Patrick Henry Hays, Esq., a lawyer who won the mayor's office in 1988 and made it his own, fending off all comers and establishing a reputation as a steady and sometimes strong-armed administrator, is finally retiring. His City Hall office overlooking Main Street will have a new occupant for the first time since the Reagan years. The city's riverfront navy — which Hays single-mindedly built over sometimes vociferous objections to the cost of bringing in a WWII submarine and trying to acquire a Pearl Harbor tugboat — will need a new admiral.
Residents of the state's sixth-largest city have four wannabes to choose from. Conventional wisdom would give the advantage either to Joe Smith, the city's director of commerce and government relations and Hays' right-hand man for a quarter-century, or Tracy Steele, an accomplished campaigner who represented parts of the city in the legislature for 14 years and would be the first black mayor if elected (he's the second black mayoral candidate). Likewise, bookies would give steep odds against former City Council member John Parker, who's running simultaneously for mayor and Ward 3 alderman, or Mark Clinton, a first-time candidate who expounds fiscal conservatism and traditional values. All races for city office are nonpartisan, so nobody is running on a party ticket.
But North Little Rock has a history of picking a dark horse now and again. There was Terry Hartwick in 1984, who beat incumbent Mayor Reed Thompson. In 1972, the mayoral heir apparent John Blodgett lost to Bob Rosamond, in large part because of his "Pin A Rose On Me" jingle. Back in 1947, Eldor Johnson (who has a Burns Park pavilion named after him) came along as a total political neophyte and beat James N. Laman (father of the future mayor Casey Laman) in a race without an incumbent.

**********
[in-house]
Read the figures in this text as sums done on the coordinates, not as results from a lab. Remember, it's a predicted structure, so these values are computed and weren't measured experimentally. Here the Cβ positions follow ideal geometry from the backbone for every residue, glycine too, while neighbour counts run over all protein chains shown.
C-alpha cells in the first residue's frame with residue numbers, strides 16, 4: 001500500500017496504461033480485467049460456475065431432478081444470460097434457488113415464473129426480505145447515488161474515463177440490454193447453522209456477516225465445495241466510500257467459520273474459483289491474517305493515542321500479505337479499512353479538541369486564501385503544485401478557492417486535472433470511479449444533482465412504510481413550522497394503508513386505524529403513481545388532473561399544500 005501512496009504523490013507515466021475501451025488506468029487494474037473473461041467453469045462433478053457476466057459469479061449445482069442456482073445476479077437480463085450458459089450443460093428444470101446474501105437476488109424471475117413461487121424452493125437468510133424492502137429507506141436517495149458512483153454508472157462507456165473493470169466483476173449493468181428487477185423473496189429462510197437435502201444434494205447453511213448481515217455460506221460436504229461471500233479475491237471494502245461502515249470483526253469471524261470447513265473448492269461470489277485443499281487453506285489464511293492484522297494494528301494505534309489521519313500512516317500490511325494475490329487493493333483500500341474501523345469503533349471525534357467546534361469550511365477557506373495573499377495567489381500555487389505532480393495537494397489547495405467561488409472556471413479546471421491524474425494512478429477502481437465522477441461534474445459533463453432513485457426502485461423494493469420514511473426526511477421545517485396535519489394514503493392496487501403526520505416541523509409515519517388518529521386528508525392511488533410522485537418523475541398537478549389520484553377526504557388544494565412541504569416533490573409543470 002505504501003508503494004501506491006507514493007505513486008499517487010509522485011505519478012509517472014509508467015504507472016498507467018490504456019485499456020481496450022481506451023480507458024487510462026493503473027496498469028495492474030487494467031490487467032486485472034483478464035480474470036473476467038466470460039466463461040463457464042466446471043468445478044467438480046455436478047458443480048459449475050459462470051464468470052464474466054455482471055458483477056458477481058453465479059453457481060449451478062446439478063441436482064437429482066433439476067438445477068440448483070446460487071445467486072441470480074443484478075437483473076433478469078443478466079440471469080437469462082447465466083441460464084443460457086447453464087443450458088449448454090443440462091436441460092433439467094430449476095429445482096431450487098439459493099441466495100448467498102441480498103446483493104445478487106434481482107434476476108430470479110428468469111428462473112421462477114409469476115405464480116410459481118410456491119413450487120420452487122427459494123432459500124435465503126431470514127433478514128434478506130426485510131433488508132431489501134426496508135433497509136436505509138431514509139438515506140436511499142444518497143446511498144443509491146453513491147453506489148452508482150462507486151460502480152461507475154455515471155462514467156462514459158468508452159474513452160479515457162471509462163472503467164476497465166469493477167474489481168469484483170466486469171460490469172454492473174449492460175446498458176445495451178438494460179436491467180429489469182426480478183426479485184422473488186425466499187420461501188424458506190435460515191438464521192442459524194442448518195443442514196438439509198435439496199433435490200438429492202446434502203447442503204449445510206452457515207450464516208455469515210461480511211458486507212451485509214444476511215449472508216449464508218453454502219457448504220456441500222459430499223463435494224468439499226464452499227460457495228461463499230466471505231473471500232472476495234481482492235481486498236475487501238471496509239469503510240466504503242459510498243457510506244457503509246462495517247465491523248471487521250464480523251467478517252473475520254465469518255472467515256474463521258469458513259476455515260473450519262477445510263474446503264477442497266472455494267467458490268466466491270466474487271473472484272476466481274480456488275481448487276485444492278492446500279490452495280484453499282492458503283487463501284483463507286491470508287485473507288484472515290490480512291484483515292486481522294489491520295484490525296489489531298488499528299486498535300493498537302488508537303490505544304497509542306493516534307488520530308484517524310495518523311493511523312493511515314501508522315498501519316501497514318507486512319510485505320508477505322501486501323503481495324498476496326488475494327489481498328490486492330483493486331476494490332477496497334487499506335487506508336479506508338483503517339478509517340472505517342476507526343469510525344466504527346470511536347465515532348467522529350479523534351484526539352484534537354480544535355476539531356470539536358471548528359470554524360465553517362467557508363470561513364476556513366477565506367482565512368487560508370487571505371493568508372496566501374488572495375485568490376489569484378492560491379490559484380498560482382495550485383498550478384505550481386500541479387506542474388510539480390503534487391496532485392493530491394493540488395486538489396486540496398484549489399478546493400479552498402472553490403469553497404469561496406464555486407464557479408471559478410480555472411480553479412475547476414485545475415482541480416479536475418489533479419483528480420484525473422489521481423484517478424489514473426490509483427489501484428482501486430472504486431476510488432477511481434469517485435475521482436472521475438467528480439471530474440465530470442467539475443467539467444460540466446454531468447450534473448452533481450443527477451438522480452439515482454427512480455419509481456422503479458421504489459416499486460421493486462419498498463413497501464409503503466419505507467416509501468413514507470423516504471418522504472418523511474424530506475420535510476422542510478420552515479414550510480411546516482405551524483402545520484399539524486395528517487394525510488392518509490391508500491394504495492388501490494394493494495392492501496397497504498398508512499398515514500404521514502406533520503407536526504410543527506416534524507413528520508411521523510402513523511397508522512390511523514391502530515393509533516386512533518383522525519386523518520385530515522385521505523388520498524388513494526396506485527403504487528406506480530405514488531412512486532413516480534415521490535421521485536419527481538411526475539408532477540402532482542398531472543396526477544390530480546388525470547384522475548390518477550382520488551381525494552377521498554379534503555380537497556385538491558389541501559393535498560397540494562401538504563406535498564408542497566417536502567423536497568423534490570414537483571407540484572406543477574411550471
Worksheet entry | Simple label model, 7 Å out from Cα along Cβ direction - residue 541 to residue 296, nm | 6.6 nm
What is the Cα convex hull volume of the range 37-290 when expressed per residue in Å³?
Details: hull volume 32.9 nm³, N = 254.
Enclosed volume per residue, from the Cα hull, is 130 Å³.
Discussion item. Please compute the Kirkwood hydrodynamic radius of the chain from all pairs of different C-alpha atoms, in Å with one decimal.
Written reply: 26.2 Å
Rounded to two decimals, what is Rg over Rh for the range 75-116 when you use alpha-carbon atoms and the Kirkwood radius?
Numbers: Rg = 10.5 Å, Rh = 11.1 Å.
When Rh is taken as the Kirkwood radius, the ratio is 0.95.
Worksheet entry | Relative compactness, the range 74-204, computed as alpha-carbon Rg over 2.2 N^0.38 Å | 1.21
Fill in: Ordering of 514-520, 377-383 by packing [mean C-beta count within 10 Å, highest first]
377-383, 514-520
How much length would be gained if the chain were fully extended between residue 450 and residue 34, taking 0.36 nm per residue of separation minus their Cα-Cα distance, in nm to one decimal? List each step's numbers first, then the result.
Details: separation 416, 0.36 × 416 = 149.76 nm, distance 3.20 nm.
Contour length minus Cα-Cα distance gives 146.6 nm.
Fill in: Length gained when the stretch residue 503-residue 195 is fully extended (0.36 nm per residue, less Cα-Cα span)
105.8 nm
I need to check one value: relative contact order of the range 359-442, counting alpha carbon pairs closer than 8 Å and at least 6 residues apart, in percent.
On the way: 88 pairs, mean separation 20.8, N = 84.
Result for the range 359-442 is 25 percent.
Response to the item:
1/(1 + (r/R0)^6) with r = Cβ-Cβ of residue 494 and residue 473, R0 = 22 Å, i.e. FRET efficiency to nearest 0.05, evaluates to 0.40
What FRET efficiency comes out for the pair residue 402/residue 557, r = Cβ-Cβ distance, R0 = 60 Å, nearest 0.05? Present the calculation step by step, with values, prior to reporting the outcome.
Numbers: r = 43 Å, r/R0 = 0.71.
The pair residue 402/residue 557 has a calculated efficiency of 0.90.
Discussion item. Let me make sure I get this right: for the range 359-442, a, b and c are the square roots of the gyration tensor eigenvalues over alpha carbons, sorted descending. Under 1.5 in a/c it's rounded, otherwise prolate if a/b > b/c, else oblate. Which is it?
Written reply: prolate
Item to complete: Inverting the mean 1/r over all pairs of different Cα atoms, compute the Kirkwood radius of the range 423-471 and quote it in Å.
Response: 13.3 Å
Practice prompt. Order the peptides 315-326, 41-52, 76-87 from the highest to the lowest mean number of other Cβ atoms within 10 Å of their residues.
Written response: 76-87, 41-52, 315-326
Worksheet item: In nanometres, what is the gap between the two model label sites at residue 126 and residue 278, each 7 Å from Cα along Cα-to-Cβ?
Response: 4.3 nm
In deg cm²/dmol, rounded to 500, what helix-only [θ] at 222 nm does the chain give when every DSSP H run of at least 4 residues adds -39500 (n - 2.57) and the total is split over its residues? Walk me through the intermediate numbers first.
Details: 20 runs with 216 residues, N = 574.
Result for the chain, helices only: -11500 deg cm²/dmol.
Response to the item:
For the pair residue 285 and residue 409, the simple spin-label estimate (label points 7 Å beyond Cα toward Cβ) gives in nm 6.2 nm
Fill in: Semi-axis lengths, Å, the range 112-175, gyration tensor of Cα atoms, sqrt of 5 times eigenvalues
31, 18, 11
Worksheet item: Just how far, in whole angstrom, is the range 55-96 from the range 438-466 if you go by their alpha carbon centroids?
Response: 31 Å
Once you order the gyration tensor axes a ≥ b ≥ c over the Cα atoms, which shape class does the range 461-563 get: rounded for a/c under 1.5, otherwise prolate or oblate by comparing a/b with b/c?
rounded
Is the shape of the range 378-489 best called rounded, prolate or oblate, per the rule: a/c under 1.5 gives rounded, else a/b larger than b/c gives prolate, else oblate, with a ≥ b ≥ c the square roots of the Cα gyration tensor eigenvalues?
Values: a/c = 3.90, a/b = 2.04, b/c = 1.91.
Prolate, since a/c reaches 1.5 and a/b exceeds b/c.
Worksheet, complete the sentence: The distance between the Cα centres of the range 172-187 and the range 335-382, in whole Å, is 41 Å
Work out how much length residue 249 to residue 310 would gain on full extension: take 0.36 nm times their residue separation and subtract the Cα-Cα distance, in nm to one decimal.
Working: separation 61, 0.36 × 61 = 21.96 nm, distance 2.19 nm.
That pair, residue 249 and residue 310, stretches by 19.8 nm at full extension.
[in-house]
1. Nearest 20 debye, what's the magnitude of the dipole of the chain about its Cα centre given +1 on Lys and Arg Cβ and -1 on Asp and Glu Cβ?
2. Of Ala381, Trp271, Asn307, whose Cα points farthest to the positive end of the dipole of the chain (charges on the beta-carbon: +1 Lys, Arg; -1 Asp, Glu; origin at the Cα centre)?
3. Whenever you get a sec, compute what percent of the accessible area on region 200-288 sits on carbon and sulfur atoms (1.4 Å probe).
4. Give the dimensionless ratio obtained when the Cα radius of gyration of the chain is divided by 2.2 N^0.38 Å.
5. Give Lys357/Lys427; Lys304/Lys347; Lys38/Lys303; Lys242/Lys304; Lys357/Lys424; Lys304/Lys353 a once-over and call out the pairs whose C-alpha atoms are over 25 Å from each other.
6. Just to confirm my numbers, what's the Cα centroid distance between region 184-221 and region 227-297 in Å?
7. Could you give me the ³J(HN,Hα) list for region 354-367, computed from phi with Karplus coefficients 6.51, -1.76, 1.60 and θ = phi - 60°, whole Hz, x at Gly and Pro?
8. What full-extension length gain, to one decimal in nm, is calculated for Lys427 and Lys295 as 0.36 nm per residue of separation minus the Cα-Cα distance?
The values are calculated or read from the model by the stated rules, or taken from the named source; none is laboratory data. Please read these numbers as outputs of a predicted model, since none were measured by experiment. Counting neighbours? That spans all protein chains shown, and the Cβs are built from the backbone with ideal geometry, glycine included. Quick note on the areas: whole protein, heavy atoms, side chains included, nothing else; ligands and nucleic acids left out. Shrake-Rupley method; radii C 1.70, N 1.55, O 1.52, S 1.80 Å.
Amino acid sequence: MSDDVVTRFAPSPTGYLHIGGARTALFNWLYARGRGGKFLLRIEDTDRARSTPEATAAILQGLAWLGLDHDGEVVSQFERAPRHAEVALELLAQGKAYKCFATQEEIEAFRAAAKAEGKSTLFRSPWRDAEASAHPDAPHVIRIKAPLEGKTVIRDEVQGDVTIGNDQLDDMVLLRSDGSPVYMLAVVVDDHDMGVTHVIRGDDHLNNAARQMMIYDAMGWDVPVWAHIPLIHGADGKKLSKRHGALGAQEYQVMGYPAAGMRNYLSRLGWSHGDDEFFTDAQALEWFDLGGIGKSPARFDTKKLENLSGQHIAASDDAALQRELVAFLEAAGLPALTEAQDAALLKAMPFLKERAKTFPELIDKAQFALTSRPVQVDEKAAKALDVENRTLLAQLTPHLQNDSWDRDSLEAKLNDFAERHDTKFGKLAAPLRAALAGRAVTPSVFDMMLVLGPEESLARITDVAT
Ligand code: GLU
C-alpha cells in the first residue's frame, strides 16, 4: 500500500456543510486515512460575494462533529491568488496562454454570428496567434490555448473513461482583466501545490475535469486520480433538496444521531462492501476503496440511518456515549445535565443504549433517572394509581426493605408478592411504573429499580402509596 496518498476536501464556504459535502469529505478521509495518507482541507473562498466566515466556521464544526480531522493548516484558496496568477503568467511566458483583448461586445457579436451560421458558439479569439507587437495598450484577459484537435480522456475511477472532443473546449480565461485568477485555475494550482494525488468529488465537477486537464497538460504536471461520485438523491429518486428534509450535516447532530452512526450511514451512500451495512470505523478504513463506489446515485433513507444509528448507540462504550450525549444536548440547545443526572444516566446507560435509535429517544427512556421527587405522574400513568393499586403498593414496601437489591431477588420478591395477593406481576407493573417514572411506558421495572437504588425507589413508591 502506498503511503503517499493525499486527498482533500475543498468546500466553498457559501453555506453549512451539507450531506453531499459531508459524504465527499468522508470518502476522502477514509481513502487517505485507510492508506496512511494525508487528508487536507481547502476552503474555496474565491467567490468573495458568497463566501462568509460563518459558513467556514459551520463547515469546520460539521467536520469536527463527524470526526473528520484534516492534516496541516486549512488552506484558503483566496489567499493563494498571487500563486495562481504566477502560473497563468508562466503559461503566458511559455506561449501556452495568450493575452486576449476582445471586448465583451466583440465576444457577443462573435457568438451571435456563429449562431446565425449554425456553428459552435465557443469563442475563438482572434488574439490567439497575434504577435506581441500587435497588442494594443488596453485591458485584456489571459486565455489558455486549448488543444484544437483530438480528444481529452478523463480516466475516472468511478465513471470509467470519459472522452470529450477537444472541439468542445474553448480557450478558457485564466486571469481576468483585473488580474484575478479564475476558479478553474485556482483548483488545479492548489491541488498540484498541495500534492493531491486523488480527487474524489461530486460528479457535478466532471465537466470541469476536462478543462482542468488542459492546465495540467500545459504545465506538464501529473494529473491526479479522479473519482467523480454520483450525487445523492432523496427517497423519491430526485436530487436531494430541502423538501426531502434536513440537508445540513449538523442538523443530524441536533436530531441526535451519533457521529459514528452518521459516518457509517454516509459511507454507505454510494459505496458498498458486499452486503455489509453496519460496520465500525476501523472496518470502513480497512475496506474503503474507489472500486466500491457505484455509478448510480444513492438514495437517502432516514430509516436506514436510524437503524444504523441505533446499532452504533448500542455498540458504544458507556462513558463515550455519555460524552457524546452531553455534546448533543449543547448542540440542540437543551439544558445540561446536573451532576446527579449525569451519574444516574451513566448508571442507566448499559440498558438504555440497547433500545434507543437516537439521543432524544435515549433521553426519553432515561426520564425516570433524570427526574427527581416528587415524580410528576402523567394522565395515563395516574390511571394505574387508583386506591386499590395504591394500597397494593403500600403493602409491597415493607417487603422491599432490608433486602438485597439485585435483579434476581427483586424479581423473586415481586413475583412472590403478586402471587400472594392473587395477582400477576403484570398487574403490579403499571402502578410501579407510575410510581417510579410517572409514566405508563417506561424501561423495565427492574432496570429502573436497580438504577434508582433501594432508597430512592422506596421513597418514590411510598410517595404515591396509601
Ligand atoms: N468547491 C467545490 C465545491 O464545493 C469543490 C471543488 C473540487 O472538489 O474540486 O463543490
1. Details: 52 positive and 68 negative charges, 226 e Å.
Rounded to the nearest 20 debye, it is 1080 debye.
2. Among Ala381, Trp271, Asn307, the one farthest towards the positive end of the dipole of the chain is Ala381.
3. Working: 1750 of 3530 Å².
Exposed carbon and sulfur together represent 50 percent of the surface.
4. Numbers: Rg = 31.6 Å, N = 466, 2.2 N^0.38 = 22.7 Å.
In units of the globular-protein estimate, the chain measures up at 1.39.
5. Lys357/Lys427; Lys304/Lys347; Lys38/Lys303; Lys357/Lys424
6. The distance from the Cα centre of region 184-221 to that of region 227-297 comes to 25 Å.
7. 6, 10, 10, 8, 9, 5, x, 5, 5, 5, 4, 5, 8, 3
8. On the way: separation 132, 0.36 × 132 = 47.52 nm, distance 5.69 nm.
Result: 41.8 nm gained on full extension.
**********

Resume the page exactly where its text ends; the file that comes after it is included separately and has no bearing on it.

So there's no telling which candidate's appeal could tweak the heartstrings (or spike the outrage meters) of north-side voters. Throw on top the fact it's the first election in 24 years where nobody named Hays is running, and this contest might be a lot wider open than it might first seem.
North Little Rock is a two-degrees-of-separation kind of town, where everybody seems to know everybody through somebody else, often because they've done business with them. (Full disclosure: I once worked on contract on a grant for the city and worked with Joe Smith in that endeavor, and I've done freelance editing for Tracy Steele's Stand Foundation. Both jobs were several years ago.) The most successful politicians here have always had a touch of the populist — they know you by name, and your kids' names, and how many grandbabies you have — and their tactics embody the retail politics tradition of Arkansas.
Talk to enough people and you'll come away with an impression that, for a large chunk of the population, this election is a referendum on the tenure of Pat Hays. The six-term incumbent often embodied the city's contradictory nature. He was immensely popular, only once drawing less than 65 percent of the vote in a mayoral election. Comfortable in any sort of a crowd, he generally found warm welcomes in all the city's precincts — wealthy and poor, white and black, young and old, white-collar and blue.
But he also never sat well with a certain subset of the city, one that itself defied easy demographic description. Some folks just didn't like Hays, didn't trust him, and didn't appreciate how he ran things. He got crossways with the police and firefighter unions early on and they never quite got over it. Hays could also govern with a heavy hand when it suited him (which wasn't often), and he wasn't afraid to flex the muscles of a strong mayor's office.
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